For every successful strategy there where thousands that failed. Only those with large budgets would have some guarantee that they would succeed, but they would as I said pay dearly.
The problem is that no one really cares what brands have to say about their product or service. No one cares about what values they use to describe what they want to sell. Before, brands could get people to listen as they had exclusive access to the public mind. But today, if a customer wants to know about a specific product or service they connect with others who might already be a customer or who used to be.
Despite an attempt to get closer to the individual, branding is still to a large extent down to communicating value to nameless individuals. Or in other words it’s still about creating the perception of value.
Without the exclusive right to the public mind this is all changing.
And the walls come tumbling down
So there they are without any control of how customers perceive or talk about them. Mostly defending themselves from what seems like a perpetually angry mob in a reality where one pissed off customer, is enough to create perpetual trouble. Even the biggest players in the industry fear us.
No one cares about what they have to say. Any attempt to keep up appearances is futile. On top of that the BS sensor is set to max by most consumers. They can’t get away with what they used to.
Can you hear the crowd? Can you feel their rage? Can you see the walls trembling?
After the dust settles?
If you made it this far, let me end of this essay by providing you with some branding principles that I believe is going to be necessary for any brand who want to stay around the next 10 years.
1. It’s not what you say you are, but how you are.
Turn the Brand Pyramid upside down. And now that you are at it, remove the three sections that used to be at the top.
Good products communicate by being good products. If people are exited about it they will tell everyone else. If they don’t, focus all your time and effort on making products that they will rave about.
That is going to be the first very simple but crucial principle to accept. Bad products will not survive, you won’t have the marketing power or control of the public mind anymore. Just look at what happened to Vodafone 360 despite their clever and expensive branding strategy.
2. Expect to make mistakes and be honest about them.
You are bound to make mistakes. If you are honest about them, people will trust you and engage with your brand. What you will get back is honesty in return. Do you realize how much an honest customer is worth? They will choose your products or services for the right reason and you will know why. That is what long lasting friendships is all about. Trust, history and honesty.
3. Make everything matter
In every situation where people interact with any part of your company you’re de-facto exposing your brand values. Whether off-line or online this is what branding is all about. If you have a kick ass customer service then it will be reflected in how people perceive your brand and how they talk about you. Every piece of copy you write for customers. Every sign-up or payment process. Don’t just treat it as a necessary addendum to your company. It’s as much a part of your product as the product itself. Make everything matter you cannot not communicate.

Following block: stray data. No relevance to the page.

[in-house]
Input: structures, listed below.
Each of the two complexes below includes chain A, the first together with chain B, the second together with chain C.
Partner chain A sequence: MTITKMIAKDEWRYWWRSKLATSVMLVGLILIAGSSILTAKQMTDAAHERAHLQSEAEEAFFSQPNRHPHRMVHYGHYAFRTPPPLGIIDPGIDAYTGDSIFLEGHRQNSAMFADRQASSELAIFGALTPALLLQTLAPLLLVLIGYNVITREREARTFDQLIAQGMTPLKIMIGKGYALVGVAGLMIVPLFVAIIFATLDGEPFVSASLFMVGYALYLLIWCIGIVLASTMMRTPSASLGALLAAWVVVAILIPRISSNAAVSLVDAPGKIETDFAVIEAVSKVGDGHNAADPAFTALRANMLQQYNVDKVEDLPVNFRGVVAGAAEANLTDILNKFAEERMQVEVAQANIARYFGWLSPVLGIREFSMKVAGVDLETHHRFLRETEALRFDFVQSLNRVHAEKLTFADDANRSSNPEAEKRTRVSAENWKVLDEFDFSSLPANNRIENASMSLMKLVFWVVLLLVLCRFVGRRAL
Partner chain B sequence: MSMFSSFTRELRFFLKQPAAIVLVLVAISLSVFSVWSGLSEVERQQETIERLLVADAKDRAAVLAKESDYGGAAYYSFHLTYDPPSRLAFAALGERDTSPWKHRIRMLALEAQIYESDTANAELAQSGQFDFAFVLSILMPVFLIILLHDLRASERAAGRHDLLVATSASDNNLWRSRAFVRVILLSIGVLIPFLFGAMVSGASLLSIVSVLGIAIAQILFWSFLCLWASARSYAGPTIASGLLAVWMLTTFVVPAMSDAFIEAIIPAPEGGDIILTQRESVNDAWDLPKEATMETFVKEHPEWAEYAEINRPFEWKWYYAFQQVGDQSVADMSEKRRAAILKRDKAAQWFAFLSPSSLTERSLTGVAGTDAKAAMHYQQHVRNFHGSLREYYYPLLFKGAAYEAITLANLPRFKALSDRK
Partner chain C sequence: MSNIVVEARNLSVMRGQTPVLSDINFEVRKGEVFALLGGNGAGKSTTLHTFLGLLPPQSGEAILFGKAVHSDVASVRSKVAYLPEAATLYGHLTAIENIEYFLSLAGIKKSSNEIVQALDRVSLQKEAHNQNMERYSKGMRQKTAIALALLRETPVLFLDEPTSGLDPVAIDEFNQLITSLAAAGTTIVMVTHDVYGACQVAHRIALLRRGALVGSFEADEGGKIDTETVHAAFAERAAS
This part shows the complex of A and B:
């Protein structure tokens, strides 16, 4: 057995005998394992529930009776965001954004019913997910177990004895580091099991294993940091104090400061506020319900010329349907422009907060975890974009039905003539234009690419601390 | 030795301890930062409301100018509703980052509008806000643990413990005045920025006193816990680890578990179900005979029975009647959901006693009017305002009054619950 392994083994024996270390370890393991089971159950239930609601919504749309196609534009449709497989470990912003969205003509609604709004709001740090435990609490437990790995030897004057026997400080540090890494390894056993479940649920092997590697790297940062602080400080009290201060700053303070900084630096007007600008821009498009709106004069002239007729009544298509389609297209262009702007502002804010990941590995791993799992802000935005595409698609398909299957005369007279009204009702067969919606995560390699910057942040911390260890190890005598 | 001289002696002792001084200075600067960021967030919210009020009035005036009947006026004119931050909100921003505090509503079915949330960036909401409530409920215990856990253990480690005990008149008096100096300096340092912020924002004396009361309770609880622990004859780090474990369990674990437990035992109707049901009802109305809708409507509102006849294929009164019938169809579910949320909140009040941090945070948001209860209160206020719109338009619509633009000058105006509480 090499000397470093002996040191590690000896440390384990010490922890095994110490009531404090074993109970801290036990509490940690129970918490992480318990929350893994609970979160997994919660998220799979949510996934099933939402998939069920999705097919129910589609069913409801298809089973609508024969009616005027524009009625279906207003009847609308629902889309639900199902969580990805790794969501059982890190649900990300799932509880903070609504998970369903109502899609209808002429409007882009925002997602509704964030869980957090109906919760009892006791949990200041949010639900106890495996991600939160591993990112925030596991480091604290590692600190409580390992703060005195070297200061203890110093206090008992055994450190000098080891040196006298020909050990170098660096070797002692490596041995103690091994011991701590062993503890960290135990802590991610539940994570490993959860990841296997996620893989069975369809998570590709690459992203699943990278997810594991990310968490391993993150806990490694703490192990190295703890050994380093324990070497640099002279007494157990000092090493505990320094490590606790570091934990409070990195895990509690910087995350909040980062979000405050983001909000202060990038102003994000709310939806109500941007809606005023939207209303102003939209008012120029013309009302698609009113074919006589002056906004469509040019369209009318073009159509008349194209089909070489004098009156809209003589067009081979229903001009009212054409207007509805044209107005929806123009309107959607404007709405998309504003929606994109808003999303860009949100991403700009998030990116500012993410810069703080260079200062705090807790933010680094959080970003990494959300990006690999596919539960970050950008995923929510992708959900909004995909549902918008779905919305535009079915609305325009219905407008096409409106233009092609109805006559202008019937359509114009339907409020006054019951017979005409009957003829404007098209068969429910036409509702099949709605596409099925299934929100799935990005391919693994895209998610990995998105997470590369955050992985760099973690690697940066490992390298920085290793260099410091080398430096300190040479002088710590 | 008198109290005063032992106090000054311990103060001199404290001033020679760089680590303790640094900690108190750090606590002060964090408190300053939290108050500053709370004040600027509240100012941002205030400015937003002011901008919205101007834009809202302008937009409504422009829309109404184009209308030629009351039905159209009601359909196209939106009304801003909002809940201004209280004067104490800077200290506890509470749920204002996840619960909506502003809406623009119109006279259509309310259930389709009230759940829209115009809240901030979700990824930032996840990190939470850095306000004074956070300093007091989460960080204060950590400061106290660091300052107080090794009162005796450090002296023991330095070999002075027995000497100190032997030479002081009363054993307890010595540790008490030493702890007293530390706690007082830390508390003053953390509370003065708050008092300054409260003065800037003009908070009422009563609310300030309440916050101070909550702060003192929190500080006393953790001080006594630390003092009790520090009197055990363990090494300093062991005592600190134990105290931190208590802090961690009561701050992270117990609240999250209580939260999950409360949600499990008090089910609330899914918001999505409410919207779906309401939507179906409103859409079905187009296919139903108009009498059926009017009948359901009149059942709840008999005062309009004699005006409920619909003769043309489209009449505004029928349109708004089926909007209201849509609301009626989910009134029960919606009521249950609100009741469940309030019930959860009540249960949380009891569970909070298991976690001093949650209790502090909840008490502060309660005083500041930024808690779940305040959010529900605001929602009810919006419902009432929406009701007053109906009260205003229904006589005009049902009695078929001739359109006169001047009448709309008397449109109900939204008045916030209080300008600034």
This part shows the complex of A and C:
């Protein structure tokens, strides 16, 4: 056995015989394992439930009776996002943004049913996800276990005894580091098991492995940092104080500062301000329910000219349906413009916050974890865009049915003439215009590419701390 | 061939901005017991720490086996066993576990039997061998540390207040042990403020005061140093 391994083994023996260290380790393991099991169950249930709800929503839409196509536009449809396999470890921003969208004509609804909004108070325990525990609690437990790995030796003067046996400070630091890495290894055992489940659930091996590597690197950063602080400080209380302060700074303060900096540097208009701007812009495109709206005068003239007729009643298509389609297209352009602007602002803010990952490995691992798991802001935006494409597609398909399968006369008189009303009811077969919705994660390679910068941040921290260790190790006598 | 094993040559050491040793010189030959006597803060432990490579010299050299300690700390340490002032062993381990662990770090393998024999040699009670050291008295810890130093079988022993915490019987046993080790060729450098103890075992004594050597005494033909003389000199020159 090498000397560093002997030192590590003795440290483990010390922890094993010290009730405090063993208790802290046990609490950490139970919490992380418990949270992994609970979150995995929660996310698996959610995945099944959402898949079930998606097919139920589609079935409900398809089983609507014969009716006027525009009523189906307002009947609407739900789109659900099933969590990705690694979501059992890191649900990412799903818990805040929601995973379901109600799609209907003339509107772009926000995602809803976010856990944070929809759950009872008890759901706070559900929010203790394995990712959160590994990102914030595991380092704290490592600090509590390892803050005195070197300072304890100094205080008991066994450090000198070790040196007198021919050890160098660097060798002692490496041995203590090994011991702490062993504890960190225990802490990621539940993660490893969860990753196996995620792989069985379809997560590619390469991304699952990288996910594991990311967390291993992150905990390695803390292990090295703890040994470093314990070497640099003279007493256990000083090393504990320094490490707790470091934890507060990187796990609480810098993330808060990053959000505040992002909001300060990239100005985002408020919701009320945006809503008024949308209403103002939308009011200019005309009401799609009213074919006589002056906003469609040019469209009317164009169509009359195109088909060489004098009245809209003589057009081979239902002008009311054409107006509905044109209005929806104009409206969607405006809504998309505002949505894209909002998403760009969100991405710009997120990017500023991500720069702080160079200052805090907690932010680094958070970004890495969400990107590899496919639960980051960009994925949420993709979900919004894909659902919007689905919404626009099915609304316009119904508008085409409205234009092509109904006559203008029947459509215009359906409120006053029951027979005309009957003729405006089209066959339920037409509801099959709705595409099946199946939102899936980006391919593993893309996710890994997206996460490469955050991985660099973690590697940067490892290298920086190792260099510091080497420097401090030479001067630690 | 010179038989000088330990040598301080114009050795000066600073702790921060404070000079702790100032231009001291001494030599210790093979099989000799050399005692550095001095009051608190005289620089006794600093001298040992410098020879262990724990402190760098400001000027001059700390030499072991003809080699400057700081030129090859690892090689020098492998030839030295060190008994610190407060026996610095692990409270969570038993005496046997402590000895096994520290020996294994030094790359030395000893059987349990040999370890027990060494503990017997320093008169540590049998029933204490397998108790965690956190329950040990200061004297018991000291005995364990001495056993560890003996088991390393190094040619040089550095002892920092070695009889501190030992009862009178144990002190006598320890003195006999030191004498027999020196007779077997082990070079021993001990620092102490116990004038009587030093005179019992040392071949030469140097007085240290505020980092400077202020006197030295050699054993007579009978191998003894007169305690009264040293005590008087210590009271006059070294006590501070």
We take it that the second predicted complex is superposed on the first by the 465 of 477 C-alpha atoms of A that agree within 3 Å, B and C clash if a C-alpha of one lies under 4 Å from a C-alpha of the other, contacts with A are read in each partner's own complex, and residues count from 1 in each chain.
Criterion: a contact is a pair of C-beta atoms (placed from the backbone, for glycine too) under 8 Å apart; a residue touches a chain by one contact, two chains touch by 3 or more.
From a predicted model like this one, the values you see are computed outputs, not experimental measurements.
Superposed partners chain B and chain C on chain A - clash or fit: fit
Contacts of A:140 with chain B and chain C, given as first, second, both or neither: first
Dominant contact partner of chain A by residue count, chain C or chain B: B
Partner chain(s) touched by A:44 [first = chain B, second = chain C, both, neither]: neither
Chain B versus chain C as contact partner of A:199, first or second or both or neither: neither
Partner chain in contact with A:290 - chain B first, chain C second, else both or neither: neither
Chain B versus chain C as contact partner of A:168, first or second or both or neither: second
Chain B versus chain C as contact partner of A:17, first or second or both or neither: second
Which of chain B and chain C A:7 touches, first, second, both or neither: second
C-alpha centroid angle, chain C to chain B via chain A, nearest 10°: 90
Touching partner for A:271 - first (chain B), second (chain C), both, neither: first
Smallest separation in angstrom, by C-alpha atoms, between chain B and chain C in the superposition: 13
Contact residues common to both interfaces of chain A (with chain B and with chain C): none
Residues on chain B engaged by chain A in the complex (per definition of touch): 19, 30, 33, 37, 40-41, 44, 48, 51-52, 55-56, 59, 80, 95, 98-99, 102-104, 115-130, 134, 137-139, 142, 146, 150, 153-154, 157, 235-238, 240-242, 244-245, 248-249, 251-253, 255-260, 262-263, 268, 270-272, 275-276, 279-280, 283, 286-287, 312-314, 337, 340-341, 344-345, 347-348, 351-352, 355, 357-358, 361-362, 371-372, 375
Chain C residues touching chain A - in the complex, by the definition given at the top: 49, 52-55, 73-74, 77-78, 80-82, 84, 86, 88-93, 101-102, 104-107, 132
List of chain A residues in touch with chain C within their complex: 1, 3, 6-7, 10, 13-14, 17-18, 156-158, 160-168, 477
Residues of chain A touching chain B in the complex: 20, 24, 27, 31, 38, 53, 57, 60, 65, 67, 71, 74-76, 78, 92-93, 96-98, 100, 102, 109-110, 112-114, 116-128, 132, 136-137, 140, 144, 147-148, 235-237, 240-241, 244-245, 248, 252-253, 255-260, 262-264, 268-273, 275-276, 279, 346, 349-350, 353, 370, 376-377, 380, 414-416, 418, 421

As the web is transforming into a giant ecosystem of conversations, the single most important ability besides creating great products and services must be the ability to listen. There is no excuse and the benefits are huge.
I am not talking about being reactionary and only reacting to bad publicity (although that is certainly also something that needs to be done) I am talking about actively engaging in the conversations around your industry openly showing that you listen and that you have ideas. The better listener you become the better a lover you become and who don’t want to be a great lover?
If you don’t know how to listen then learn from one of the best Jeremiah Owyang
5. Interface is brand
Just ask Google. Don’t waste valuable time or money trying to wordsmith the experience you want people to have with your product. Instead provide them with the actual experience. The best call to action is the actual product or service not a description of it.
Will the real brand manager please stand up?
If you agree with the basic premises of this essay then it should be obvious that your branding is a way too important and integral part of your company’s success to be handled by someone who only have responsibility for communicating values and not effectuating them. It has become increasingly obvious to me that the only person who can be trusted the brand strategy is the CEO of the company.
The CEO is the only individual who effectively and with any integrity can and should make the necessary decisions about the things that matter. Which is to ensure a consistent quality and proper approach to values throughout the organization.
Companies who want to be around at the turn of the next decade better understand this and choose their leaders wisely. The leader of the next decade will make it his sole purpose to ensure that the values are not just communicated but executed. That what branding always was supposed to be about. For too long organizations have been complacent about practicing what they preach. Now that the walls have come down, they will have to owe their success, it’s only fair.
Am I making sense?